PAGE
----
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Lurker

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Lurker last won the day on September 26

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About Lurker

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    Associate Professor
  • Birthday 02/13/1983

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    INDONESIA
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    GIS and Remote Sensing

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  1. The quality and cost of broadband remain issues for households across the US, and the Biden administration wants to draw attention to that unfortunate reality. The National Telecommunications and Information Administration (NTIA) has published what it says is the first interactive public map detailing the "digital divide" in broadband access. You'll not only see areas where broadband speeds fall below official targets (25Mbps down and 3Mbps up), but correlate that with high-poverty areas. You can look for specific locations, including Tribal lands and minority-serving institutions. As
  2. When humans pump large volumes of fluid into the ground, they can set off potentially damaging earthquakes, depending on the underlying geology. This has been the case in certain oil- and gas-producing regions, where wastewater, often mixed with oil, is disposed of by injecting it back into the ground—a process that has triggered sizable seismic events in recent years. Now MIT researchers, working with an interdisciplinary team of scientists from industry and academia, have developed a method to manage such human-induced seismicity, and have demonstrated that the technique successfully re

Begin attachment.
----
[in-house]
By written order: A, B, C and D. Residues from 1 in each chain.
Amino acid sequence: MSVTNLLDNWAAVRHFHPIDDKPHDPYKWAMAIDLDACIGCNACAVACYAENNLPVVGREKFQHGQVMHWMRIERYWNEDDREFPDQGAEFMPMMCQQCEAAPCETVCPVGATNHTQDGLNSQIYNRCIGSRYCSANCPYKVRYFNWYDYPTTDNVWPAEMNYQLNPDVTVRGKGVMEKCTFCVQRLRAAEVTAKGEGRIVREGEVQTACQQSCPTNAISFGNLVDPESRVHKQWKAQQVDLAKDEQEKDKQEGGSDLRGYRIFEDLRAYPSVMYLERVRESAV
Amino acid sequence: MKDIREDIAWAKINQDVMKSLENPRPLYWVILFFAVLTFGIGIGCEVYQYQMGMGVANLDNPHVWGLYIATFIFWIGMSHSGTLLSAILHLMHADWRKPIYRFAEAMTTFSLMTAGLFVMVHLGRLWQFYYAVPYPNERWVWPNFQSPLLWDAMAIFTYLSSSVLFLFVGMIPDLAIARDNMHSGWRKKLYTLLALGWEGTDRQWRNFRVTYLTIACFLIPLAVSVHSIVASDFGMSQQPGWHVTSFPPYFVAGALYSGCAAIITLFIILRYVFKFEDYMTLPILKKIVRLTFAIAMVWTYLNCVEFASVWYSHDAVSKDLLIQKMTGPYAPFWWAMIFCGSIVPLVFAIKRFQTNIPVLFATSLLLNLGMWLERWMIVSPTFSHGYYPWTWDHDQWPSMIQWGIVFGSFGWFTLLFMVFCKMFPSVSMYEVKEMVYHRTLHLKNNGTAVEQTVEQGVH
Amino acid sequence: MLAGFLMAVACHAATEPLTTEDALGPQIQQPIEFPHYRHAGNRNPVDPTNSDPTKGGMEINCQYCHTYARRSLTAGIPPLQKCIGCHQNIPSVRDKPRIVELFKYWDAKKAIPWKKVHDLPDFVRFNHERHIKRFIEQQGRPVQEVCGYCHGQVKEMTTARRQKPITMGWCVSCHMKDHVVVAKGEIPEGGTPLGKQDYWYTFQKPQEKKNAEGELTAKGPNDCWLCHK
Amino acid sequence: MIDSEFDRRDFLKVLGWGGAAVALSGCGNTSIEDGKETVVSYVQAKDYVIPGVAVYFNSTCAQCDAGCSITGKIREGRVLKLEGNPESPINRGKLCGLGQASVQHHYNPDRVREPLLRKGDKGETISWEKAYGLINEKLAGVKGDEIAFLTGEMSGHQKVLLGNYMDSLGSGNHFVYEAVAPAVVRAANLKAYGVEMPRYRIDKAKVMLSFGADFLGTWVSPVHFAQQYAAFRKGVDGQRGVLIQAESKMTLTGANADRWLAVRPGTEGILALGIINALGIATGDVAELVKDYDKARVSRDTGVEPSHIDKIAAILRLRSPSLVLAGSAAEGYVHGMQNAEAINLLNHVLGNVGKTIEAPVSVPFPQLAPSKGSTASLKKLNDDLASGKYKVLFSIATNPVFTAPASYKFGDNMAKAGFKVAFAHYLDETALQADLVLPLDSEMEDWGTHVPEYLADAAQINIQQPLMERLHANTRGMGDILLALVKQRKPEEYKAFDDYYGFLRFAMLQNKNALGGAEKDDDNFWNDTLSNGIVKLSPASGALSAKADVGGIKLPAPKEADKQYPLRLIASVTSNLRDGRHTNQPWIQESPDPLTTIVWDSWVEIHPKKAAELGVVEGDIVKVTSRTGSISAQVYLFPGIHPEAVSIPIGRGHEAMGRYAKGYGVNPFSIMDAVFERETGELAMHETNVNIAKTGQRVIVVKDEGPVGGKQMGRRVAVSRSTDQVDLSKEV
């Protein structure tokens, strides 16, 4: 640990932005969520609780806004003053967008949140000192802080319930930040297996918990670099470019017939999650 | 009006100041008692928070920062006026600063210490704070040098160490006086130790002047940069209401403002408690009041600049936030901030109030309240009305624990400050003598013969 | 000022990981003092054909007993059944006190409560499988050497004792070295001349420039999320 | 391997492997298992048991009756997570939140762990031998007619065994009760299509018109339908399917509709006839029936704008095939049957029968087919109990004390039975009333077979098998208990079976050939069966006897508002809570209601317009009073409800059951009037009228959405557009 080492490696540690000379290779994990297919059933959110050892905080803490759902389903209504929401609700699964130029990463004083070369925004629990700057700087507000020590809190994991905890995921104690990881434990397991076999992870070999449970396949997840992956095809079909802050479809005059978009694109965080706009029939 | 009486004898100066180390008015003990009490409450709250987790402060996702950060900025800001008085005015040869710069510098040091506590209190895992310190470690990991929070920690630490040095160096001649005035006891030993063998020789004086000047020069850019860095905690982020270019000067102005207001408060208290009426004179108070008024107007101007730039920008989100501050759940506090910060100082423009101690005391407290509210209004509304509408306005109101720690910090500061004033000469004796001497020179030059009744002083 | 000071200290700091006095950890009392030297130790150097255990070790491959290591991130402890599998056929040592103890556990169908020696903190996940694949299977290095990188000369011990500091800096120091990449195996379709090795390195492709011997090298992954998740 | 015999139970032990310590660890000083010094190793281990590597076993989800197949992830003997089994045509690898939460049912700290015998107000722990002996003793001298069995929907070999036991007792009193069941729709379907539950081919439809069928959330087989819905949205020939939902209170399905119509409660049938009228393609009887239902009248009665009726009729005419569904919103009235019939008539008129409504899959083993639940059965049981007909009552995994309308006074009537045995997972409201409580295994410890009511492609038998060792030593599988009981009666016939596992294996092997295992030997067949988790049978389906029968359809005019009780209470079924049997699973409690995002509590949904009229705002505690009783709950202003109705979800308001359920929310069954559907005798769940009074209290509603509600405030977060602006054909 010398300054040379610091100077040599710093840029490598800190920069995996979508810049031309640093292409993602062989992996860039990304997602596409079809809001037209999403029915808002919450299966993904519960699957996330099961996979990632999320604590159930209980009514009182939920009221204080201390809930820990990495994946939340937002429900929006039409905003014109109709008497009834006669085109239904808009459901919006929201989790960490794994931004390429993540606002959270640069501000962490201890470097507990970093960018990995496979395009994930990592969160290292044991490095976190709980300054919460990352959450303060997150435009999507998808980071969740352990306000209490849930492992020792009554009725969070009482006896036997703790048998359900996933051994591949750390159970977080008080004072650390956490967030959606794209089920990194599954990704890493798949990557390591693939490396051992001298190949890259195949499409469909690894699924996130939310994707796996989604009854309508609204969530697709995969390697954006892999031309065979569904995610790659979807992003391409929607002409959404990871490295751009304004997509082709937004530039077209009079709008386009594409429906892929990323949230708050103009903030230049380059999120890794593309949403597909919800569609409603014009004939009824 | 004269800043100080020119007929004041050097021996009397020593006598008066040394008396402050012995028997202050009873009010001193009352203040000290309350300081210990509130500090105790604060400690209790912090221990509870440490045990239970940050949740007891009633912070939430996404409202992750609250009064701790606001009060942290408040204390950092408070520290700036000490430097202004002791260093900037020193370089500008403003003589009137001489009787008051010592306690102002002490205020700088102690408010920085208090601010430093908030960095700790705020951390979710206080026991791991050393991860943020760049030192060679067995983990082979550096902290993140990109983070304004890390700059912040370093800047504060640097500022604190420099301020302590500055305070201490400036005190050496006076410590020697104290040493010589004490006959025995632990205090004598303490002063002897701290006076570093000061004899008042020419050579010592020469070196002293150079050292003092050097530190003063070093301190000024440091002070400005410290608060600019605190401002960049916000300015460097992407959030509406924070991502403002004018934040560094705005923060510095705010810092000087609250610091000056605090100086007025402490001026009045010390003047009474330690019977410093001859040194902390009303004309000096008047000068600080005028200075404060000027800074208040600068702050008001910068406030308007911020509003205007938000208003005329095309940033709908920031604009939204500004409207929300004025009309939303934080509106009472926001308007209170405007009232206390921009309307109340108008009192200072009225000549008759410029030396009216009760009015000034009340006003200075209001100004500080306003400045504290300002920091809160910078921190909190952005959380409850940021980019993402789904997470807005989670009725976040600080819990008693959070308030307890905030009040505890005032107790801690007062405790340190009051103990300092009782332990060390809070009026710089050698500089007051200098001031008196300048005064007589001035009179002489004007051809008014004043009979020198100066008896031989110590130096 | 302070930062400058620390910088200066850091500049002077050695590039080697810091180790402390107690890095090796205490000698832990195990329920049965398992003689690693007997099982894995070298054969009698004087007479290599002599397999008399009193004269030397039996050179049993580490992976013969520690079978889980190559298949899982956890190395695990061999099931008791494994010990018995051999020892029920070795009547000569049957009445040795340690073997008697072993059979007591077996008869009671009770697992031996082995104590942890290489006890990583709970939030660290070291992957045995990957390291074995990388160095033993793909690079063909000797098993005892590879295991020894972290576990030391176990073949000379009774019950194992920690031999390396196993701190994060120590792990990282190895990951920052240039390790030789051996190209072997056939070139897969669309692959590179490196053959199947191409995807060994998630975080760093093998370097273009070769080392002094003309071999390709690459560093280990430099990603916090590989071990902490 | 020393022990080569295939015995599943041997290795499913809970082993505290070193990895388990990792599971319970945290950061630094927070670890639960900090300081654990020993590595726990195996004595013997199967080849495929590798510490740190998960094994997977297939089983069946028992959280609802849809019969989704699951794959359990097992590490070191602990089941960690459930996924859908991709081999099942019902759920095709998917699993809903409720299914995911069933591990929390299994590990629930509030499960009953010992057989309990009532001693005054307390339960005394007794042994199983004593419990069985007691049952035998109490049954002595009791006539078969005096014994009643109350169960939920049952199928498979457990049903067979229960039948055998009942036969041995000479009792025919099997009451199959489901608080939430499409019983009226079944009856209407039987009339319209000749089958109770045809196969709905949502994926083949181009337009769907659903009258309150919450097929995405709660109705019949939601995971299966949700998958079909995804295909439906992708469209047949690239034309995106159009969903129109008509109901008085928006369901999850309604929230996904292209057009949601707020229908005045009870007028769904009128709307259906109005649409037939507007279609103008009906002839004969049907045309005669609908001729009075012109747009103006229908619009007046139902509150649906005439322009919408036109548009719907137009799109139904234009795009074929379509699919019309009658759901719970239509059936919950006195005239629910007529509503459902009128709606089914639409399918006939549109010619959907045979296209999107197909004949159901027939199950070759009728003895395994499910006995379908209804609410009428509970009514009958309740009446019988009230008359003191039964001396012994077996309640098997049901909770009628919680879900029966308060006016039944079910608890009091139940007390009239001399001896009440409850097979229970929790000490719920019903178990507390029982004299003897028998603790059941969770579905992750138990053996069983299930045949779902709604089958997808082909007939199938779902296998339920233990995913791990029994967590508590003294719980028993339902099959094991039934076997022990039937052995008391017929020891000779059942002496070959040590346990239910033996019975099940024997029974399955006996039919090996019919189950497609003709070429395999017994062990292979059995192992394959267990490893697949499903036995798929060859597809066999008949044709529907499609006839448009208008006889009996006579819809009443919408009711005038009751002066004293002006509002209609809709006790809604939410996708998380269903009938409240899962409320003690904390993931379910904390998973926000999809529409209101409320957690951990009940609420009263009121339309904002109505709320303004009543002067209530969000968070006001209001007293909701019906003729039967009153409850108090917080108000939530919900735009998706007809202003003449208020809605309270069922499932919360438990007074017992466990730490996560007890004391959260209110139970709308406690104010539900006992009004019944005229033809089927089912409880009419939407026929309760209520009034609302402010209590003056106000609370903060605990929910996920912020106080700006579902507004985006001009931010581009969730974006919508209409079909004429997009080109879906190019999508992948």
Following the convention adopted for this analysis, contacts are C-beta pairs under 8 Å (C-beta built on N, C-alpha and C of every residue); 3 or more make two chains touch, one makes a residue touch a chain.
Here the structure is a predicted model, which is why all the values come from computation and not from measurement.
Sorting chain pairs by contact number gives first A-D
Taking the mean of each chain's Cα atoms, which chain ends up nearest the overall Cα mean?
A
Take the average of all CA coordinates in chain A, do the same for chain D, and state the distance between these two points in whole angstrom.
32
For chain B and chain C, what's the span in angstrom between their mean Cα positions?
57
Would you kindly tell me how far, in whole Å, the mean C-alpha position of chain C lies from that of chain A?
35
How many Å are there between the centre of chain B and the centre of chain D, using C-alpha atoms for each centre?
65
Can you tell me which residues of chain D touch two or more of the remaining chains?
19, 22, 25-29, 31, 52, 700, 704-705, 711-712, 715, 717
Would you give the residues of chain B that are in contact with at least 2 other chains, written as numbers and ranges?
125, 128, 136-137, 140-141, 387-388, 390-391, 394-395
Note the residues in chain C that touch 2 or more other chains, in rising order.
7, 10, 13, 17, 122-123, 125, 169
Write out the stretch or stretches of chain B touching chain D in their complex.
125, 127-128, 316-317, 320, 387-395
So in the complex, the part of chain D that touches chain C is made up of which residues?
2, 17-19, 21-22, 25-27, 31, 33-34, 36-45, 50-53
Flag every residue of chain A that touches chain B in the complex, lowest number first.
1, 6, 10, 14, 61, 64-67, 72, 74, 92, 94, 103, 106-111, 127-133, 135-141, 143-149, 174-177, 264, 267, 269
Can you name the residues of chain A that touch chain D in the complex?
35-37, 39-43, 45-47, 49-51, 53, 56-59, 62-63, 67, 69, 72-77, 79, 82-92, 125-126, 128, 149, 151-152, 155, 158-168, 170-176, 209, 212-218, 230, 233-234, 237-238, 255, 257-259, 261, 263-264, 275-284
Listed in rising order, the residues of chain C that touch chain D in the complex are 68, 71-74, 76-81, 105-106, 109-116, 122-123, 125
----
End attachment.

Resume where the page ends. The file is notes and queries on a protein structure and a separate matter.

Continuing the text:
3. On February 7, 2017, the twentieth and final inclination (Delta-I) maneuver of Landsat 7 took place. (Delta-I maneuvers keep the spacecraft in the correct orbital position to ensure it maintains its 10:00 am ± 15 minutes mean local time (MLT) equatorial crossing.) Landsat 7 reached its peak outermost inclination boundary of 10:14:58 MLT on August 11, 2017. Landsat 7 is now drifting in its inclination and will fall back to 09:15 am MLT by July 2021. The chart below illustrates the inclination trend from June 2014 to June 2026. The USGS and NASA are planning
  4. Many of Africa’s agricultural endeavors have long been tied to whims of the weather. When it rains, a country’s gross domestic product might soar. When it doesn’t rain, economies suffer. The reliance has been driven in part by the perception that dry, arid Africa has limited water resources. But a new study, years in the making, shows a different reality. As one South African scientist recently noted, if all the rainfall stopped today and for the next 100 years in Africa, there would still be plenty of water stored underneath the continent’s surface, it just wouldn’t be evenly distributed